This week, Google announced that it will now design and build its own smartphones alongside a more cohesive family of hardware devices that take better advantage of the firm’s online services. First up, the Google Pixel and Pixel XL handsets.
News that Google has unveiled its “first” smartphones raised some eyebrows, given that the firm previously owned Motorola’s smartphone business and has been selling Nexus devices for six years. But to be fair, Pixel is in fact different.
For the Microsoft fans in the audience, you might consider Pixel to be roughly analogous to Microsoft’s Surface lineup. That is, Google is designing and making its own phones, and is handling sales, support, and carrier relations. But the devices are of course manufactured by a third party, in this case HTC.
Nexus was more like Microsoft’s Signature PC program, though like all comparisons, it’s not exact. In this case, we saw devices that were designed mostly and built solely by third party hardware makers—though Google had more input on more recent devices—but were sold via Google exclusively (for the most part) and with clean Android images. But you can see the problem: Last year’s Nexus 6P and 5X were (and still are) excellent handsets. But you don’t need to be a design expert to notice that they don’t look alike, don’t present a common familial design.
Worse, the Nexus 6P and 5X likewise bear no resemblance at all to Nexus tablets like the terrible Nexus 9 or the Pixel C, or to Google’s other hardware products, like Chromecast, the OnHub routers, the Nest home automation devices, and so on.
So like Microsoft before, Google has finally given up on the partner strategy—sorry, augmented the partner strategy—and is adopting the Apple playbook. It will design its own hardware products. They will look alike. They will work similarly where possible. They will work well together. And they will offer unique capabilities that are not available to other hardware makers who use Google’s platforms. That last bit is perhaps less controversial than it deserves, but I bet that changes over time.
There are good discussions to be had about this interesting change, and about the other devices that Google announced this week. But here, I’d like to focus on the Pixel.
As is the case with many smartphones these days, the Pixel and its larger Pixel XL sibling, owe a lot to the iPhone. And I’m not just talking about the strategy: Just look at these phones. They look an awful lot like iPhones.
That’s good and bad, though I reject the claim that Google had little choice. Yes, phones will always take on the same basic shape, but as Nokia proved during its brief and disastrous fling with Windows phone, you can still innovate here with the general look and feel, with materials, and with capabilities.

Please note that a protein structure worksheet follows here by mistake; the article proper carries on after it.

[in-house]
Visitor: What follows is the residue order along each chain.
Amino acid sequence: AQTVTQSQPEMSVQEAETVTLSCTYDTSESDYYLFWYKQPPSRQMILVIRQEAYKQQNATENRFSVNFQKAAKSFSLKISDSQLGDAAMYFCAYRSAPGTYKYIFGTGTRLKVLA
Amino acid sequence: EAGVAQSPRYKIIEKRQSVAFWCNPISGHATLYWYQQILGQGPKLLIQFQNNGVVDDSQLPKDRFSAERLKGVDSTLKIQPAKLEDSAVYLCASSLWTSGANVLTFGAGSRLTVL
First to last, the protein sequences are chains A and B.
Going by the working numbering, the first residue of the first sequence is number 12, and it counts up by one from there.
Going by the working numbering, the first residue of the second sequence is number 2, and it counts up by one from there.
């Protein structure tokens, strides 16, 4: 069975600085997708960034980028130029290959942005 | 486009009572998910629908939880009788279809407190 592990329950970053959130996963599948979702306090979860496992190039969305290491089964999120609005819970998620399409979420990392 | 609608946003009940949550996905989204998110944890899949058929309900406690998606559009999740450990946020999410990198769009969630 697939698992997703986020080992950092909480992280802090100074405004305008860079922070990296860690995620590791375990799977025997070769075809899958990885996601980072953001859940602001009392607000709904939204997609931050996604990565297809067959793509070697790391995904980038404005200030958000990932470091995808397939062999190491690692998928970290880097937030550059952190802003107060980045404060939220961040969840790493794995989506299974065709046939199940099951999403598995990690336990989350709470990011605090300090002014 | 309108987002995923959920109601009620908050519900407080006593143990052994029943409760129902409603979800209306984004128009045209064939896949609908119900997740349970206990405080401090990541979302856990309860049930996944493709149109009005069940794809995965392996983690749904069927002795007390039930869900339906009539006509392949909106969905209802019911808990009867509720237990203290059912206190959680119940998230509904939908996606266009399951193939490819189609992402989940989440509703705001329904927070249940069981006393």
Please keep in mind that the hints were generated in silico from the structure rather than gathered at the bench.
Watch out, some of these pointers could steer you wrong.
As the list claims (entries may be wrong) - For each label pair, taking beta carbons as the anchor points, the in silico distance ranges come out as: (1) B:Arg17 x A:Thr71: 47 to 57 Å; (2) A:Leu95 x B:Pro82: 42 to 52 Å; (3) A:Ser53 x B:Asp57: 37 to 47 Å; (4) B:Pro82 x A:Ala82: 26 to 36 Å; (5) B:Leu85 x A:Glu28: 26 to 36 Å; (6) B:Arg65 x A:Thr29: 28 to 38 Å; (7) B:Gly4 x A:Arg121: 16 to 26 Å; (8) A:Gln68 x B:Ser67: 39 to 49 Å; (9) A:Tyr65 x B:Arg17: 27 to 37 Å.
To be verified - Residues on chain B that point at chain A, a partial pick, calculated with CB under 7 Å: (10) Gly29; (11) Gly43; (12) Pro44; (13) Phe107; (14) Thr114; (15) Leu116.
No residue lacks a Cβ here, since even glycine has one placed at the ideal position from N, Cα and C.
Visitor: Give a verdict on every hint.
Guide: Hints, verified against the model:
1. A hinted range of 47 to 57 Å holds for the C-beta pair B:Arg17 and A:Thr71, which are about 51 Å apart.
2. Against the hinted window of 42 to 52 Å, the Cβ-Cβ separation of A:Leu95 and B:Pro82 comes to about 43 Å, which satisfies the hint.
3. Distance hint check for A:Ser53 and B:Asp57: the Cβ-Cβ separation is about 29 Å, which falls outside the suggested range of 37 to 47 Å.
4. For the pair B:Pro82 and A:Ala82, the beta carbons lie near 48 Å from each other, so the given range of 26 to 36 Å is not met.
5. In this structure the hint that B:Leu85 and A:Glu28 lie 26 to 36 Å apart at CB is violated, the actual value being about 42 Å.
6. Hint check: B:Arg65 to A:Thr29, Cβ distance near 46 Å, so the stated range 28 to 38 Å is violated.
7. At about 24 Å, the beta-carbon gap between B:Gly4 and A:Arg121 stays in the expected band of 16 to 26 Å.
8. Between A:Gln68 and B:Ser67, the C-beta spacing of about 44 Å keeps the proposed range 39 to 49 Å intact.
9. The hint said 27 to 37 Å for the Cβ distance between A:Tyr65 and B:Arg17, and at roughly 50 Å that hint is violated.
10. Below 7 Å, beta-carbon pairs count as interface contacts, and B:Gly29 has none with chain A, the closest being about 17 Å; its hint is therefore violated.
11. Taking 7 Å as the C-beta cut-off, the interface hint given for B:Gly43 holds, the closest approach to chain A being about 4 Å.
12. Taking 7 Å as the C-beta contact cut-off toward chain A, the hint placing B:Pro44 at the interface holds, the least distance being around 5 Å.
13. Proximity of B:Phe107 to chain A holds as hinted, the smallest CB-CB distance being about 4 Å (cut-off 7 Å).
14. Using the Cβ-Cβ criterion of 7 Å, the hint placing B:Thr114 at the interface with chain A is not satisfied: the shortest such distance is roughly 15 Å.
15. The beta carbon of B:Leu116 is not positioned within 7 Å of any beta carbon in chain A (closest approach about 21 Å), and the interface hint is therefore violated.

Google is doing none of that. It’s both safe and disappointing.
The basic form factor is an aluminum and glass rounded rectangle, with the same exterior antenna bands we see on iPhone. (They were present on last year’s Nexus 6P as well.) There are 5-inch and 5.5-inch variants, just like iPhone (yes, I know the smaller iPhone is really 4.7-inches; whatever). And there are basic white and black colors, plus something quirky, in this case a limited edition blue color.
Google does of course veer off from Apple in some key areas. On the Pixel, Touch ID—sorry, the Pixel Imprint fingerprint reader—is on the back, not on the front. I like both positions, and each has its pros and cons. Google is retaining the headphone jack, which many will appreciate. There’s no camera bump, as on the iPhone 7 and iPhone 7 Plus, which many, too, will appreciate. (We’ll have to wait and see on camera quality, of course.) It can fast charge to 7 hours of battery life in just 15 minutes.
And Pixel owners get some unique services. The Pixel is the first phone to feature Android 7.1, the first with Android Assistant built right in. It offers unlimited free storage of full-sized photos in Google Photos, which is a nice perk. These phones will of course work with Project Fi, which I find superior.
The specifications are high-end, though my experiences with Android suggest there will always be some performance issues. The Pixel devices—both are basically identical save screen size—both feature a quad-core 2 GHz Qualcomm Snapdragon 821, 4 GB of RAM, 32 or 128 GB of storage, and a 12.3 MP rear-facing camera and an 8 MP front-facing camera. The Pixel XL has a 5.5-inch AMOLED display running at 2560 x 1440, whereas the 5-inch Pixel features a 1080p AMOLED display.
There are things Google never mentioned. That camera, which it describes as the best smartphone camera ever, inexplicably does not include optical image processing or any kind of optical zoom. The storage is not expandable. And there is only a single mono speaker (where the Nexus 6P had stereo speakers).
Worse is the price.
The Nexus 5X started at $380, while its bigger Nexus 6P sibling started at $500. These were reasonable prices.
The Pixel? A base Pixel with 32 GB of storage starts at $650 (!), while a based Pixel XL starts at $770. Choose 128 GB of storage and the price for each jumps by another $100. Those are luxury price tags for devices that, quite frankly, are unproven. Worse, the pricing delta between the Pixel/Pixel XL and their predecessors is simply too great. How on earth is the Pixel worth $270 more than the Nexus 5X?
In the past, I could recommend the Nexus 6P and 5X because you got so much phone for the price. This is no longer the case with the Pixel.
So we’ll see. I’ve preordered a 32 GB Pixel XL so it can go head-to-head with the Apple iPhone 7 Plus I’m currently using. I will keep an open mind, of course. But I have so many questions here. And a nagging feeling that this first generation of Google-built phones may not be as ready for prime time as Google may believe.